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Memorial to those lost during the 2009 Victorian bushfires at Marysville

The speech given by the Governor at the Latrobe Civic Reception, on the occasion of the 10 year Anniversary of the 2009 Victorian Bushfires.


First, I acknowledge the Traditional Owners of the land upon which we are gathering. I pay my respects to their Elders past and present and to any Elders here with us.

My husband, Tony, and I are pleased to join you this evening.  Thank you for hosting us. And far more than talking, I look forward shortly to the opportunity of listening to you, as we have a chance to meet and to chat.

As you well know, Victoria is commemorating the 2009 fires that were so devastating to 400,000 hectares of land, farms, homes, businesses and livestock. That tragically saw the loss of 173 precious lives.

As the Patron of the Tenth Anniversary of the 2009 Victorian Bushfires, I am – with Tony -  meeting people across the affected areas in these few weeks.

We know that the loss experienced in each area differs. The experiences differ. And the responses to the shock and hardship of the fires differ.

Indeed, in the midst of this anniversary time, we are seeing as many individual responses as there are people.

Some find it too hard to look back. Some prefer only to look forwards now. Others find great comfort in gathering together to reflect on both the hardship and sadness of what occurred, but also to celebrate how far they have since come.

There is certainly no right or wrong way to approach such a milestone.

Gathering here though, we are certainly touched by the fact that many of you have lived this experience and our support is with you at this time of remembrance.

In Latrobe City Council you felt the full force of these fires in 2009. I say ‘fires’ because it was not one singular event for you. And, of course, although the extraordinary conditions of 7 February wrought so much destruction here, you had been fighting fires from late January - and the fighting continued until past mid-February.

As in other parts of our State, in your region, you lost so much. So much land, wildlife and livestock. So many homes, farms and businesses. Many were injured and, most tragically, many were lost.

Naturally, sadness does not just disappear. But neither does the immense sense of gratitude to all those who did so very much – gave so much – worked and tried so hard- so bravely  - to battle the fires and to help in the immediate aftermath.

Hundreds fought the fires. Thousands, over the days. Local and those who came in to help.

Nobody overlooks for a moment how the elements conspired against you. Nobody forgets that whether you were on the frontline, in the air or in support roles behind the scenes, you worked tirelessly.

The CFA, MFB, police, ambulance, the ADF, the NEO personnel, those from Forestry management and the ESTA staff. The list goes on and on.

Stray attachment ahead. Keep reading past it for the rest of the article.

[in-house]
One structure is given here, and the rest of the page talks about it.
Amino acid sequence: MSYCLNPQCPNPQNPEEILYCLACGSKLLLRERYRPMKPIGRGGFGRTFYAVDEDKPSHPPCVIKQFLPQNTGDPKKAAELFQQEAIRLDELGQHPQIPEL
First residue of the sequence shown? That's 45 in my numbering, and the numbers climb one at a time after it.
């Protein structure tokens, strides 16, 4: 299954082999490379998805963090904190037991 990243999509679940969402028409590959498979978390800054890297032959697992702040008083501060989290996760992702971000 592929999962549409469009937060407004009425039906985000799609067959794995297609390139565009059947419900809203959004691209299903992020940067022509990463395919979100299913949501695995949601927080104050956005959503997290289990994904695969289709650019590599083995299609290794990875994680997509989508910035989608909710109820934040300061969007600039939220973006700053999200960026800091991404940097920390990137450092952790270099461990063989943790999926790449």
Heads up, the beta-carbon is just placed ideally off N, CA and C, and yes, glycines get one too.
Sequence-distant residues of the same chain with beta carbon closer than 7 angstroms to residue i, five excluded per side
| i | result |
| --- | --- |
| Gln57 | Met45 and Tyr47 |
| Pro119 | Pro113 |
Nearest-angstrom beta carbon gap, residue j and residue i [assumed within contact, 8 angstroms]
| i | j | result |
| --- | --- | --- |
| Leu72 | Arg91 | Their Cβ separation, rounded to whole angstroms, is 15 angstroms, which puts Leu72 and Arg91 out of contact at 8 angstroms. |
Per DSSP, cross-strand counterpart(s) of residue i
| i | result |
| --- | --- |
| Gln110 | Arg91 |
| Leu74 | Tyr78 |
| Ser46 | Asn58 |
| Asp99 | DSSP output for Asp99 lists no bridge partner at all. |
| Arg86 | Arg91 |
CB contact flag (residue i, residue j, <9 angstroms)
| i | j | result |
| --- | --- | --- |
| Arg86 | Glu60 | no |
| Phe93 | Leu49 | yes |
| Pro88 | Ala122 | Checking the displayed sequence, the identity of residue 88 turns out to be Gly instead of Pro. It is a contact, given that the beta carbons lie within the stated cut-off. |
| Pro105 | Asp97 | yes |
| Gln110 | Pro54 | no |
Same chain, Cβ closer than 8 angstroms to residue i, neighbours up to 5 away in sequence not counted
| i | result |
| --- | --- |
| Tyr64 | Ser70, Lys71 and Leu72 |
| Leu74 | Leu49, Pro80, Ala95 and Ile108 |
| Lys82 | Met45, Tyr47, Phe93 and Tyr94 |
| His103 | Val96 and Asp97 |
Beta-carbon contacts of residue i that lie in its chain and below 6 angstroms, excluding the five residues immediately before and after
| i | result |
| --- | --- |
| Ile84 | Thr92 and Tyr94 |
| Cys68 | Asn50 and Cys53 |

And so too does the list of not only the many other agencies who then stepped in to help, but also the ‘regular folks’. The ones who opened their homes. Gave away goods and services from their businesses. Supported those in nearby towns, not just their own. Set up shelters. Prepared food. Gathered clothing and other necessities. Donated money. And you will recall so much more than any list can possibly communicate.

And then there has been the recovery process. And it is a ‘process’,  isn’t it. A journey rather than a destination, as it was put to us this morning.

Across the board, we have seen communities pausing at this ten year mark to reflect on that journey. There is so much of which they, and you, can be proud.

When Tony and I visited Latrobe City Council in 2017, we were struck then by the community resilience in every sense. It was very obvious to us that you and your leaders, well aware of every environmental and economic obstacle that you had encountered,  were very much focused on the community’s strengths and aspirations for a robust future.

It is that same resilience that has so greatly assisted your recovery since these 2009 fires too.

You have offered practical help. With a one-stop hub for assistance. A community education program.

You have held many community events to bring people together. You have, very sensitively, taken steps to ensure that those displaced from this community have been kept informed – able to stay in touch. We have heard how much that has been gratefully recognised.

And you have created magnificent walking trails that have attracted tourists, and even now, around this ten year event, you have created activities to increase community connectedness.

One thing I know for sure. There are many of you who have ‘stayed the course’. Who have worked and helped across the full 10 years. There are many who have been involved in every phase: fighting the fires or supporting the fire-fighters, helping in the immediate aftermath and working throughout the recovery.

What champions you have in your community.

Thank you and congratulations to all those who have contributed. And the warmest affection to all those who grieve. Our hearts are with you all.

Tony and I look forward to meeting and hearing from as many of you as possible.